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Mary Hutton and the development of a working-class women's political poetics.

"It is impossible for the truly generous mind to understand the small envyings that surround the daily path of an author, particularly a female one."

Mary Hutton, Preface to Cottage Tales and Poems (1836)

What do we know about the working-class women who wrote poetry the Victorian period? As so often happens in the study of non-canonical writers, their biographies exist in fragments, a miscellany of facts with very little cohesion. We may know that a writer was a "factory girl" or a "domestic servant"; however, we often know little of the circumstances in which she wrote, her family history, or the particularities of her work. It seems that the lack of extant working-class women's poetry lies in the historical (de)valuations surrounding their lives; the difficulties in recovering their texts is, in part, linked to the unavailability of biographical information. Perhaps deemed too unimportant by the establishment for a record of their lives to be kept, nineteenth-century working-class women poets all but disappeared from historical record, and we are only now in the process of rediscovering them. While male working-class poets have enjoyed a rebirth with the work of Michael Sanders, Ian Haywood, and Roy Vickers, (1) the study of working-class women writers is still in its nascent stages.

Mary Hutton is one such writer who has been neglected until now in scholarship on working-class poetry. Hutton's rediscovery was first recorded in Ian Haywood's The Literature of Struggle: An Anthology of Chartist Fiction, in which Haywood names Hutton the only "woman author of Chartist Fiction." (2) Recently, John Goodridge's Nineteenth-Century English Labouring-Class Poets: 1800-1900 (3) collected five of Hutton's poems, and Patricia Johnson gives a passing nod to Hutton in her study of the development of Ethel Carnie's "Feminist Vision." (4) Florence Boos, whose work has reinvigorated the study of working-class verse, mentions Hutton in "Class and Victorian Poetics" and has done much to illuminate the possibilities within working-class women's writing. In her study of the "political resonances" of working-class women writers, she works to "belie critical assumptions that Victorian women's preoccupations with religion vitiated their verse." (5)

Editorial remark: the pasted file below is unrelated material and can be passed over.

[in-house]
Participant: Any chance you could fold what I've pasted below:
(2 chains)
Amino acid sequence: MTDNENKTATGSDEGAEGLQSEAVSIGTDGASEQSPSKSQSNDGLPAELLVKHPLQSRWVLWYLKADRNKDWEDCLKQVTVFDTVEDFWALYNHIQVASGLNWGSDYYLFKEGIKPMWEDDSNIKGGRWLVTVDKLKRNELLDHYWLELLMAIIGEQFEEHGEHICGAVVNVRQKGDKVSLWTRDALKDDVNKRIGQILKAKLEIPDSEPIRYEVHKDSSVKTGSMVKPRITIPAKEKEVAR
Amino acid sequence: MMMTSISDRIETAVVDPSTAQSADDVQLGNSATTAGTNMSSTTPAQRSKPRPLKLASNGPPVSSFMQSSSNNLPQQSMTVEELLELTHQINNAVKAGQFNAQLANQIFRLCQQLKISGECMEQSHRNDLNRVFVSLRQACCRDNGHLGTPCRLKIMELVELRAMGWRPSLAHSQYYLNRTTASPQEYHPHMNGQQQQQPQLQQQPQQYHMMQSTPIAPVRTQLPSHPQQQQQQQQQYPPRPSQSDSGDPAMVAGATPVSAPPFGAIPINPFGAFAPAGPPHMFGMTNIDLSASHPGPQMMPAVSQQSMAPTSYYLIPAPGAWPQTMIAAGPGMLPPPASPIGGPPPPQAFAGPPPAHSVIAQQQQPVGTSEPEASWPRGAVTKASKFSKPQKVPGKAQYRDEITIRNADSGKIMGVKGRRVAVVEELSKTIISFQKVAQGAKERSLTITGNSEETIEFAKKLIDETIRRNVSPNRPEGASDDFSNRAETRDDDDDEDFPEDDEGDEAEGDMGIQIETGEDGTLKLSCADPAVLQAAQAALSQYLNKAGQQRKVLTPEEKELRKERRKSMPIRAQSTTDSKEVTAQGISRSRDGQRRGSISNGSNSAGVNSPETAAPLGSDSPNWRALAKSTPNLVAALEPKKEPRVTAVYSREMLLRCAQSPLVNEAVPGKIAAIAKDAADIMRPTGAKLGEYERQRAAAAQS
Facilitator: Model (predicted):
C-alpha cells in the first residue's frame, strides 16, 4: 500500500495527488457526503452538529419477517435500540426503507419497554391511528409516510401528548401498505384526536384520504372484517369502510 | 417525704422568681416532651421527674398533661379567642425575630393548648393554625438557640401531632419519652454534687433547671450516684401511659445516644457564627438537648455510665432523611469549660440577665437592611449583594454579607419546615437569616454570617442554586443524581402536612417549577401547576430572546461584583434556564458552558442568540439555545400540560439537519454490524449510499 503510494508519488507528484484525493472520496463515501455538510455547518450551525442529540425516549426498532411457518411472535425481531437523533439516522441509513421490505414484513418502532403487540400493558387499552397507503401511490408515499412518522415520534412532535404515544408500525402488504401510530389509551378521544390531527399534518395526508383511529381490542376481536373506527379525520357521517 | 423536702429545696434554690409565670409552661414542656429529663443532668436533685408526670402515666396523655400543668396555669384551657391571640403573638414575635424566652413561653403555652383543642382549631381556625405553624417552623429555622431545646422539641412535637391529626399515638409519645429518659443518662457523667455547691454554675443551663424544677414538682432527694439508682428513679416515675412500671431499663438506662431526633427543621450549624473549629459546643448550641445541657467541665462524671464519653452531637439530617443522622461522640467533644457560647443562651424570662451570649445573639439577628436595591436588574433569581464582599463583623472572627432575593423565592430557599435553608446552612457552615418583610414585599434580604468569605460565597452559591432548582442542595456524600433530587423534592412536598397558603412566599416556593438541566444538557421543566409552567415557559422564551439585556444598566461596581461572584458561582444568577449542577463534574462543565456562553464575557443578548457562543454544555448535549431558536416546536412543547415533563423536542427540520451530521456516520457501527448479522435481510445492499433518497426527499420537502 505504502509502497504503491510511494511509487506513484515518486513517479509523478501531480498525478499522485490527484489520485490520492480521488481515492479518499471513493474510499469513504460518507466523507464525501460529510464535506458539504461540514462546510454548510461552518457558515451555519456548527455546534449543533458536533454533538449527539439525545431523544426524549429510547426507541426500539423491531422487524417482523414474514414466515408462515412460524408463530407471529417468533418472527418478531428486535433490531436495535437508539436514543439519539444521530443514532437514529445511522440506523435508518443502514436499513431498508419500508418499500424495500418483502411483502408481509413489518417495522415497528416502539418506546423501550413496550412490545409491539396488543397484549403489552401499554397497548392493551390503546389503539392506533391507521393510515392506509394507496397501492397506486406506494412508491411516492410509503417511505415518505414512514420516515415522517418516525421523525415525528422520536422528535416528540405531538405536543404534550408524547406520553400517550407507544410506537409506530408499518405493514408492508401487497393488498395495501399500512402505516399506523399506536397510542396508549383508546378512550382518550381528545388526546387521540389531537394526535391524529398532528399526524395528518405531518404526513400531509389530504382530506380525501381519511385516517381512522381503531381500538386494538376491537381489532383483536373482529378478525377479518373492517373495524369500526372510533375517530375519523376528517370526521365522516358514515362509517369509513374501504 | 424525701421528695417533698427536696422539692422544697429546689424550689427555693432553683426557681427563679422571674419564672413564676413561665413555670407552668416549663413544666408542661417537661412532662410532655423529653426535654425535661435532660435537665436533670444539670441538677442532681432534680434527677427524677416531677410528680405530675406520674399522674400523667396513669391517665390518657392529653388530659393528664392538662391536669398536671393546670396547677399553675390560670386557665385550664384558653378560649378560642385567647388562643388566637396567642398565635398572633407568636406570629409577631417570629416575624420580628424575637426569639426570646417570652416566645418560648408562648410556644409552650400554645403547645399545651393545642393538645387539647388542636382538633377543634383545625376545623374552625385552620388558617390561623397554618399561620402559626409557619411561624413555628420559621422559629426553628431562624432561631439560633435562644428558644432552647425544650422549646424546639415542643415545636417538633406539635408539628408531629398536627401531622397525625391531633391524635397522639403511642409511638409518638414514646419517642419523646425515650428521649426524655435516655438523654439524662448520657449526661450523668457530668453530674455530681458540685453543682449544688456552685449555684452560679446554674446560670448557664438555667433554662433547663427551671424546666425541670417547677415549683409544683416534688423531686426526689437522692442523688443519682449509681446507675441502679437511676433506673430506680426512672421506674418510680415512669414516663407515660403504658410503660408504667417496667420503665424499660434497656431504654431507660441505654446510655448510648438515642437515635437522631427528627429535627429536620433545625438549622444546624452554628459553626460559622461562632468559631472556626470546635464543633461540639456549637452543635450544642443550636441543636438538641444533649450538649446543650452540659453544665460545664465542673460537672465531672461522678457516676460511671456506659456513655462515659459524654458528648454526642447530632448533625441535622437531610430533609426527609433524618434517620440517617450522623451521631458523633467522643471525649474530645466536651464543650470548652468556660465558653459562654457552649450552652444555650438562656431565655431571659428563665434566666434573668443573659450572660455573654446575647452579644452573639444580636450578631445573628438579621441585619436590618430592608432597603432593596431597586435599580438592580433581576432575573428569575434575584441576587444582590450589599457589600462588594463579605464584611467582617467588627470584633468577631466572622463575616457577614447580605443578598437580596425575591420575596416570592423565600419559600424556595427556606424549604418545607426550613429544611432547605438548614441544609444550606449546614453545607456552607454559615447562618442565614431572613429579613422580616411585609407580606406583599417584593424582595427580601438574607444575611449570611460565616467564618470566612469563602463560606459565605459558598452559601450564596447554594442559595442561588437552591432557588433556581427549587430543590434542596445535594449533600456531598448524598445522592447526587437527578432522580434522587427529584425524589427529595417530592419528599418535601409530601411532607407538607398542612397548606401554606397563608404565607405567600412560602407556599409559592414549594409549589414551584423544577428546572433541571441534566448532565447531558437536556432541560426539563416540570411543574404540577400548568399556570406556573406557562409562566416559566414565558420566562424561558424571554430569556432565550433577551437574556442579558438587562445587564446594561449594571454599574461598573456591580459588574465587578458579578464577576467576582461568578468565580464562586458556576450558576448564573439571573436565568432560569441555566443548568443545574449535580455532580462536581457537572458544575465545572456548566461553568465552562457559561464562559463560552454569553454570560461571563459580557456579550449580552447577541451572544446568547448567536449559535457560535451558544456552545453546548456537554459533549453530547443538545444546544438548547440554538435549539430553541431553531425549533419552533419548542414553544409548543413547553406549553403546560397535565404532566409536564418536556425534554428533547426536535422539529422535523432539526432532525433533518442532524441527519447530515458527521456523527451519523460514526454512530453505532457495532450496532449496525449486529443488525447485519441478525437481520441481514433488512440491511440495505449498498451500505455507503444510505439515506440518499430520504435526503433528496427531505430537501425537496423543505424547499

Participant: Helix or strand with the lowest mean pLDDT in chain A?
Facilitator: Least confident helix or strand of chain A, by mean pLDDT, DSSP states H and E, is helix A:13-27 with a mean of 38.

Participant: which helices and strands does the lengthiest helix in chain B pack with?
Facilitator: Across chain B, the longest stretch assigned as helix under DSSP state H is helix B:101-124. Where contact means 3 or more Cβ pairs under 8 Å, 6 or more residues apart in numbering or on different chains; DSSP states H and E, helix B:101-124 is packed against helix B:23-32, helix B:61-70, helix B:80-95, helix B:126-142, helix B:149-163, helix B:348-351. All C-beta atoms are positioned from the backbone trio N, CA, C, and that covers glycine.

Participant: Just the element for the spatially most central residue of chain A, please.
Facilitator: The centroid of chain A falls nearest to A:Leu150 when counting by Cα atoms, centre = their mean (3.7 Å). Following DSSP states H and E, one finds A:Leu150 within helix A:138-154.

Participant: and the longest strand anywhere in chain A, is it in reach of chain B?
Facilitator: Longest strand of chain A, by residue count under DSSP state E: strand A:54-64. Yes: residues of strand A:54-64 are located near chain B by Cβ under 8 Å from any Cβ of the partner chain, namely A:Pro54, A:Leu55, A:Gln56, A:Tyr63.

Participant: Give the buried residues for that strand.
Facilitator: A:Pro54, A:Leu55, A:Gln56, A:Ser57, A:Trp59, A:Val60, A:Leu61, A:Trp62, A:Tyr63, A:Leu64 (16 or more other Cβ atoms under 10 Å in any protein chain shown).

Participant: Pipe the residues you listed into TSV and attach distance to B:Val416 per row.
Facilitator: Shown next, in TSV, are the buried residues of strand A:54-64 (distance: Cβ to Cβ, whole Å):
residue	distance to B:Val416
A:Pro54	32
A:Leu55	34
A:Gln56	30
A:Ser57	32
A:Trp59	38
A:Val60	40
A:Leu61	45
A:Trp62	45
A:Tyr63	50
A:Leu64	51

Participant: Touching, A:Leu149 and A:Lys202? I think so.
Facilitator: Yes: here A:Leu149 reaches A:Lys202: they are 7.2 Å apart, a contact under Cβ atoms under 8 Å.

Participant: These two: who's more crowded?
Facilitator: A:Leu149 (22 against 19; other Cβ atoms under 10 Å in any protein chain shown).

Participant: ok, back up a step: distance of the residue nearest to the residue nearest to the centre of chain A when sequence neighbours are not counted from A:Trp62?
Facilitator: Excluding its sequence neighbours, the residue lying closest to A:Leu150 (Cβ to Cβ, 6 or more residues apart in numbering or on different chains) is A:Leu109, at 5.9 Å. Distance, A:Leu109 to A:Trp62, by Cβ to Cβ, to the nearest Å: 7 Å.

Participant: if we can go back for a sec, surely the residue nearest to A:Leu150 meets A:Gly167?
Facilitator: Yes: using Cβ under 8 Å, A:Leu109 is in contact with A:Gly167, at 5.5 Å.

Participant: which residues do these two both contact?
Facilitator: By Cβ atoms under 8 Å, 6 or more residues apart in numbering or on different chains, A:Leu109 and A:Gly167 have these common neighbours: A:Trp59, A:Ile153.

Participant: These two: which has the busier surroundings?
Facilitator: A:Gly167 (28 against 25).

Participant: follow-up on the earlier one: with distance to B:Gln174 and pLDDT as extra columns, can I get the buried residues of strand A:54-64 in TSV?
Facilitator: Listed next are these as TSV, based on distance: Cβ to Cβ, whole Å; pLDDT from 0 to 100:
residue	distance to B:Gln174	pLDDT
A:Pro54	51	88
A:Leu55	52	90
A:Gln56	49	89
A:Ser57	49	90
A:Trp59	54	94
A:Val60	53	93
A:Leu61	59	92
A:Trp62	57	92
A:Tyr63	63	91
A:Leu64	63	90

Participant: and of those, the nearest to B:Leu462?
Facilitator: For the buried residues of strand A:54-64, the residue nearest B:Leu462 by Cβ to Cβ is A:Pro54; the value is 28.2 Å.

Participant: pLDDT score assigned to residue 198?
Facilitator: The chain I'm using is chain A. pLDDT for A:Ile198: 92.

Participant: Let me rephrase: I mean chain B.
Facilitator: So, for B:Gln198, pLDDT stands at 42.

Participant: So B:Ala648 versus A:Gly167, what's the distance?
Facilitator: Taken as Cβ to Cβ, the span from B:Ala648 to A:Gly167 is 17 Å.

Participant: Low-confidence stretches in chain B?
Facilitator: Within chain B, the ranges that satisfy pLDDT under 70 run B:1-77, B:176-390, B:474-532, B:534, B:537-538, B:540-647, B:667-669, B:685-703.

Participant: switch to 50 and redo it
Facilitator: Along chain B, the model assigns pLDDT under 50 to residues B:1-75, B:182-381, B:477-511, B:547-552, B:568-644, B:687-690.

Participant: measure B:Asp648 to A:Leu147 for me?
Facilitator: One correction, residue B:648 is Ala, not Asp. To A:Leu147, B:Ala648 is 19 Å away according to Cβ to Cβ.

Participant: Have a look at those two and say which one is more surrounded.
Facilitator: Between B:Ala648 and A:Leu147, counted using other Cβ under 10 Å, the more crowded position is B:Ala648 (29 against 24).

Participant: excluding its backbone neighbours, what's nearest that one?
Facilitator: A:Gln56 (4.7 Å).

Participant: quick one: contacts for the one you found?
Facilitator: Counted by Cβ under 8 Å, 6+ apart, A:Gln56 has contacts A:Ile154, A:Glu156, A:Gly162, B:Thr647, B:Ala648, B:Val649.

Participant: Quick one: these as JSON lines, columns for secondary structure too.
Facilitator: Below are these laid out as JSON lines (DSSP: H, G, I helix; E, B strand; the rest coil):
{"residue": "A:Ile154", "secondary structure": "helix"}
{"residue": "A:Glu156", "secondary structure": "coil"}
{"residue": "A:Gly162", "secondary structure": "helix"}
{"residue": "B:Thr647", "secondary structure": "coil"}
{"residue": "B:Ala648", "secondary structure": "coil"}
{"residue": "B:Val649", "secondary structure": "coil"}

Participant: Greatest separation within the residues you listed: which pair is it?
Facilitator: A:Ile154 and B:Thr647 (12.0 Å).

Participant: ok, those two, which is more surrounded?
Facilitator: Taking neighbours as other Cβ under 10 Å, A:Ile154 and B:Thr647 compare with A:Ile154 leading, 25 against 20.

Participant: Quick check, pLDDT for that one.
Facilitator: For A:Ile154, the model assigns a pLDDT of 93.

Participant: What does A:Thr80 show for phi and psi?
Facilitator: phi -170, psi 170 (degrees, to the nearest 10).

Following the recuperative momentum of Boos's paper, I argue for Hutton's important role in the formation of a working-class political discourse in Victorian poetry. This study of Hutton's poetical negotiations of politics and class seeks to enrich the present initial discussion of a new discourse of poetic politics: that of the working-class woman of the 1830s and 1840s. In order to understand the politics underpinning Mary Hutton's poetry, we must attend to the ways in which her poems enter into the political discourses of the early 1830s--namely, issues surrounding the New Poor Law, poverty, and slavery. Boos has pointed out that "most Victorian working-class women poets had little direct access to the Chartist movement and its cultural institutions" (Boos, "'Nurs'd Up,'" p. 153). Despite this fact, Hutton's poems on the Poor Law and poverty are strikingly aligned with the poetry of the Chartist movement in both her appropriations of images of slavery and her use of discourses on human rights and freedom. (6) In this paper I wish to show how Hutton engages with nineteenth-century class politics and how her use of simple diction and her engagement with themes that resonate with Chartist poetry earns her a place as a de facto Chartist poet in the canon of nineteenth-century working-class literature.

What little we know of Hutton's life and work, we learn from two contemporary middle-class male sources. The first is William Cartright Newsam's The Poets of Yorkshire: Comprising Sketches of the Lives, and Specimens of the Writings of those 'Children of Song' who have been Natives of, or otherwise connected with the County of York (1845), and the second

is the preface to Hutton's first work, Sheffield Manor and Other Poems (1831), written by John Holland. Apart from these, the only written evidence left of her mostly uncelebrated life is a smattering of publication notices and her entry in the 1851 England census. (7)

Hutton's work may have been preserved out of the sense of regionalism that championed poets in the nineteenth century. (8) Her inclusion in Newsam's anthology speaks to the pride associated with many northern regions of England. Newsam describes Hutton as a "worthy and ingeni[o]us woman, whose poetry and poverty have repeatedly excited in her behalf the sympathies of the inhabitants of Sheffield" (p. 224). In his two-page summary of Hutton's life, we are allowed a small glimpse into the world of a female worker-poet and, in turn, into a conspectus of the hardships faced by such poets in the nineteenth century. Mary Hutton (nee Taylor) was born in Wakefield, England, on July 10, 1794. She was one of the six children of William Taylor, who worked as a servant of Lord Cathcart, and Mary Parry, a Roman-Catholic who was the governess-nurse for the family of Lord Howe. When her family moved to London, Mary's delicate health forced her to remain in Wakefield. She moved to Sheffield some years later, and there met Michael Hutton, a pen-knife cutler nearly twenty-five years her elder, who had two children from a previous marriage. After a "very brief courtship," they married in Sheffield (Newsam, p. 224). We know very little about Mary's life after her marriage, but what we do know centers on the difficulties faced by working-class families in the 1830s.